“For some parents and adults, adapting their communication style with babies and young children may feel unnatural at first or difficult to modify. The key to this is to get down to your child’s level, follow their lead and focus on the present activity,” advises Moona.
Moona provides some tips: comment using only keywords such as naming objects and actions e.g. “blowing bubbles”; use diminutive forms of words i.e. simplifying words or altering meaning to convey endearment e.g. “nana” for banana which would otherwise be too long for a young child to learn initially or “horsey” for horse. Talk about activities that are happening in the here and now, typically around daily routine activities, for instance, feeding, bath time, dressing such as “shoes on” and also during play; talking about abstract activities, for instance, in the past or the future should be avoided.
A Dynamic Process
Experts highlight that the use of ‘baby talk’ should evolve with time and baby’s development stages. “Caregivers should adjust their speech complexity such as the use of complete sentences, in accordance with the child’s age and his feedback,” advises Pou.
Before baby turns two, the manner in which caregivers interact with the baby prevails over the type of language use (i.e. the pitch of voice, the rate of speech, facial expressions, affection). During the second year of baby’s development, the quantity of language input is the most important. In the third year, the quality of input (i.e. word diversity and language complexity) matters the most.
Contractor advises parents to read stories or share colourful picture books with their infants to boost reading skills in later life. Singing nursery rhymes and action songs, going out and about exploring different places and talking about them, also help them in their development.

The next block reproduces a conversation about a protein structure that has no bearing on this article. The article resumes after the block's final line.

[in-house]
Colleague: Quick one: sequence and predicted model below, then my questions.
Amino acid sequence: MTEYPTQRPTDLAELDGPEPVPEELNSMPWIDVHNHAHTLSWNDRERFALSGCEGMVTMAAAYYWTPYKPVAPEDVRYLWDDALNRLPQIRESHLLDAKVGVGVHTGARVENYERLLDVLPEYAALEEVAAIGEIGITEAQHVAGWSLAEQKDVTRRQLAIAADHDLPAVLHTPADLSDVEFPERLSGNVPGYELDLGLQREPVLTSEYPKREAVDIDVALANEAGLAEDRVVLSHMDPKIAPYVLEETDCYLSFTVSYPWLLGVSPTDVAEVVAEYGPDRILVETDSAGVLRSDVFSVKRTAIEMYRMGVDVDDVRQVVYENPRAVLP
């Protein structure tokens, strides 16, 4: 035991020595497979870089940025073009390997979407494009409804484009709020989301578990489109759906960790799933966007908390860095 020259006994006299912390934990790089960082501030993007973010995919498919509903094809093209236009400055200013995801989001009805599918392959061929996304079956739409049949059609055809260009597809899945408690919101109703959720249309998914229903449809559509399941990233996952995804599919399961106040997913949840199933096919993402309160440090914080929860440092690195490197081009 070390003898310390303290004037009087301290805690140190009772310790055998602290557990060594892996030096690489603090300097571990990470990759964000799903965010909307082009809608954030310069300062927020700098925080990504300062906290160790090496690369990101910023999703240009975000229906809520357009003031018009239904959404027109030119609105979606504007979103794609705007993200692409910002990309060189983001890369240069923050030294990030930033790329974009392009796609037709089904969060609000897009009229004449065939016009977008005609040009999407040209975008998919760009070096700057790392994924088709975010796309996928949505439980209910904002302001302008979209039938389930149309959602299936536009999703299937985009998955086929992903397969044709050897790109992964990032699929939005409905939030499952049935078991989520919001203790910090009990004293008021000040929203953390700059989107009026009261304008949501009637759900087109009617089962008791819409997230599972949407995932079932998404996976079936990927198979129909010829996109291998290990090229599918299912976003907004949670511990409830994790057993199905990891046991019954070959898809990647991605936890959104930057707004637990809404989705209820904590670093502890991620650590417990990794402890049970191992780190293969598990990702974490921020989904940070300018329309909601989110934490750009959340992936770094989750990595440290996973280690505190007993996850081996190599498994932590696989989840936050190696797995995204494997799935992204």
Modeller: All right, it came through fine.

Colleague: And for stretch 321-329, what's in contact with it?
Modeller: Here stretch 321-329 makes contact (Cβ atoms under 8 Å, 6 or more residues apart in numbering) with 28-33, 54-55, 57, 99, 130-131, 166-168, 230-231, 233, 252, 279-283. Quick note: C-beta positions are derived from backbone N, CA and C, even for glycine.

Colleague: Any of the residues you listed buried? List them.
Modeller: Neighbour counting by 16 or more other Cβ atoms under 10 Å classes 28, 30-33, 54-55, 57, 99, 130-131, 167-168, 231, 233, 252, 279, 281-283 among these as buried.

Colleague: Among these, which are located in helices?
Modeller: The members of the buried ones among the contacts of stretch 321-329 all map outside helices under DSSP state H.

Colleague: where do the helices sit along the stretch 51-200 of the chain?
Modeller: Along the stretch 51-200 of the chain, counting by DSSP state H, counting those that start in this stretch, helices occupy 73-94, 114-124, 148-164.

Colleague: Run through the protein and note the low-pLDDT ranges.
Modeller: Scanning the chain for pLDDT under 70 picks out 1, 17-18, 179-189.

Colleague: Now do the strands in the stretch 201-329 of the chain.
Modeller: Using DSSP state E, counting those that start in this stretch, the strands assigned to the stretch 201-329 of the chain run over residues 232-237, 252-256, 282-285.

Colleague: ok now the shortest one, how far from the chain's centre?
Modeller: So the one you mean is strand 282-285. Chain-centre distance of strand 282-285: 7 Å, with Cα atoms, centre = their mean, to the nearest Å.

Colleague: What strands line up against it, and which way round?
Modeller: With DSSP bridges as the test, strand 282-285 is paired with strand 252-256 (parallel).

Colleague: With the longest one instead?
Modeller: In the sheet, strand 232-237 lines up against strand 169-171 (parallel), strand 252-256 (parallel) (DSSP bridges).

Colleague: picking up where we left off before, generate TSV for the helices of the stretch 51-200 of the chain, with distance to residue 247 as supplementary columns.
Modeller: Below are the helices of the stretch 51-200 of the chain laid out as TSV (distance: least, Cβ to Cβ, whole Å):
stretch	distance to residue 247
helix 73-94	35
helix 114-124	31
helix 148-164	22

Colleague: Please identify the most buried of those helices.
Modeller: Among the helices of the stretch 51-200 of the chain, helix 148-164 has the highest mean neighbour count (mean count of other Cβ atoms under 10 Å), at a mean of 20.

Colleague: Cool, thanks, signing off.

Parents should avoid relying too much on technology such as audio video aids
to teach language to their babies as studies show that speaking to babies
and interacting with them is the best way for them to learn.
“Playing people games such as peek-a-boo, encouraging and celebrating babies attempts at speech, not criticising mistakes and allowing opportunities for little ones to socialise with other children all aid language development,” says Contractor.
“Children learn language through imitation, therefore the more exposure they get to people talking to them in different situations and during different activities, the more beneficial it is for them,” adds Contractor.
Limited interaction with your baby can lead to delayed language skills in children, warns Moona. “It is very important to give your babies and children as many experiences as possible. For children to learn new words and develop their vocabulary, they first have to hear the words, so get talking and more importantly have fun with your baby. Your baby will respond to your voice, changes in tone, even facial expressions and this will create more interactive experiences,” explains Moona. While some children may be late talkers, there are important developmental milestones that should be reached by certain ages, advises Moona. If your child shows difficulties in any of the communication areas below, consult a speech and language therapist.